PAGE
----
Official details from Porsche are sparse, but the model appears to be based on the current 992 chassis and will likely be powered by a turbocharged flat-six. Serious modifications were made to complete rigorous testing across Dubai, France, and Sweden.
The folks in Stuttgart enlisted another driving legend to put the 911 Dakar through its paces: Walter Röhrl. On the thick ice of the frozen lakes in Arjeplog, Sweden, Röhrl slid the car and examined its traction and steering characteristics.
Romain Dumas is pictured here with a properly filthy Dakar model. Note the bolt-on fender flares.
"The 911 Dakar delivered strong performance even in the desert," says Frank Moser, vice president of the 911/718 model line. "Especially here, the 911 Dakar can make the most of its conceptual advantages—the combination of low weight, higher ground clearance, a powerful rear-mounted engine, and the short wheelbase make for an exhilarating driving experience."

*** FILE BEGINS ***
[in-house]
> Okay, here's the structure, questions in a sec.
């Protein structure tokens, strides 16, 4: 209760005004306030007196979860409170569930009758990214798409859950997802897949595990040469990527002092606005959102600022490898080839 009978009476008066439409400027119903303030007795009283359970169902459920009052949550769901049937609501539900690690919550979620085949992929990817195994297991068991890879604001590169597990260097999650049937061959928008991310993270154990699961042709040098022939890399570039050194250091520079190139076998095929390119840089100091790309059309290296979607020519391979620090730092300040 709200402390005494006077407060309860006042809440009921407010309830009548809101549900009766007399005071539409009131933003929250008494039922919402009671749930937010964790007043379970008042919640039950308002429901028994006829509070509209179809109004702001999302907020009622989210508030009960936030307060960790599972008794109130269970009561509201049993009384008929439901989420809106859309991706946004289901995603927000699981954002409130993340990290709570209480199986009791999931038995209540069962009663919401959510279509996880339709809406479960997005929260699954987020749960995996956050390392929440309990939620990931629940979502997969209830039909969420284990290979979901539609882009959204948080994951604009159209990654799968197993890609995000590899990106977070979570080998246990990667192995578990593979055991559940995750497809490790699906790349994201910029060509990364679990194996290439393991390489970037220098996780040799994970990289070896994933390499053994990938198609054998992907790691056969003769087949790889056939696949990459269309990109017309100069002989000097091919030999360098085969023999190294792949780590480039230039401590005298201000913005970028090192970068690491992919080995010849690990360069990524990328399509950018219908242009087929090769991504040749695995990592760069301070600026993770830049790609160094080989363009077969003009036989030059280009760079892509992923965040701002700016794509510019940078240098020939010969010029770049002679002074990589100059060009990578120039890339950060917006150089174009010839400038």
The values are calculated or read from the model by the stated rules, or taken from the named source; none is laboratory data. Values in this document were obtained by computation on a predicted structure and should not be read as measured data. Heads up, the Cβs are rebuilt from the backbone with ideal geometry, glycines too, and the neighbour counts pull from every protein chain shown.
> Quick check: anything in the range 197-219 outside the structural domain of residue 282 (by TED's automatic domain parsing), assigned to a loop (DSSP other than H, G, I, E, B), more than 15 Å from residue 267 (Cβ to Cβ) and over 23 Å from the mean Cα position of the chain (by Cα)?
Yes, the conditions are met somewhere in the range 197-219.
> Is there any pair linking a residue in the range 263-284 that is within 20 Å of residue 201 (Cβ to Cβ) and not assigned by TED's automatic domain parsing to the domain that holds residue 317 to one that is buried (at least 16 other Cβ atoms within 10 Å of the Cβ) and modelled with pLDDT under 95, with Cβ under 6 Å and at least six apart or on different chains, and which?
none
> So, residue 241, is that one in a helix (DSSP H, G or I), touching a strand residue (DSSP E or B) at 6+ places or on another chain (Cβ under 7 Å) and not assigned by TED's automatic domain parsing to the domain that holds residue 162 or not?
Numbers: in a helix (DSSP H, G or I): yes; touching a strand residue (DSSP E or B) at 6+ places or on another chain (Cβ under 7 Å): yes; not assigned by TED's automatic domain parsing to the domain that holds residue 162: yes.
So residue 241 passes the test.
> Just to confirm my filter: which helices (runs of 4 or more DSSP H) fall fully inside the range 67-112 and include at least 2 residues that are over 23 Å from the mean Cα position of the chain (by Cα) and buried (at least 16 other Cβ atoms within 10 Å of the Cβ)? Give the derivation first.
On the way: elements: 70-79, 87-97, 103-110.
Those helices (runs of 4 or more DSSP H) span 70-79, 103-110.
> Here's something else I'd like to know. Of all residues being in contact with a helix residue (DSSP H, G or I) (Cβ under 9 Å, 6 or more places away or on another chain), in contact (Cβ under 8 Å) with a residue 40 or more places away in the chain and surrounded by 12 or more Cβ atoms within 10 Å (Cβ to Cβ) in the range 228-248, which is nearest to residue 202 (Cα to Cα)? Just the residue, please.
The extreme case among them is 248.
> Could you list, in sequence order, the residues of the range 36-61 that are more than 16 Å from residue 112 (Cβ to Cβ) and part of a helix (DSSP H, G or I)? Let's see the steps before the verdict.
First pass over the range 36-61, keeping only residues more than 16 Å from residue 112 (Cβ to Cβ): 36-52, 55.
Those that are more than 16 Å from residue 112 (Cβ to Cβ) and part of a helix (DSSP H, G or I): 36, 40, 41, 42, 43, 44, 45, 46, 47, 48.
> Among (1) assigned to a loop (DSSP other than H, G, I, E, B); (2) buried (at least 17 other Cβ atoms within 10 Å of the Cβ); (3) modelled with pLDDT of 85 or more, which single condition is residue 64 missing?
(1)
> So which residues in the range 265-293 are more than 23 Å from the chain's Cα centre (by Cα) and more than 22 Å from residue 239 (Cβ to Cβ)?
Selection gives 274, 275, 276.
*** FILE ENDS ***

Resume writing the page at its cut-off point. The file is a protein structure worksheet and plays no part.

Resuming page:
"The car is incredibly fun to drive," two-time World Rally champion Walter Röhrl said. "Everything works so precisely and calmly."
Development driver Lars Kern noted the ABS has been optimized for braking on gravel, meaning it will be more lenient with wheel slip.
Temperatures went as high as 113 degrees Fahrenheit during the model's testing time in the Sahara, with Porsche ensuring the model will be capable of just about any adventure.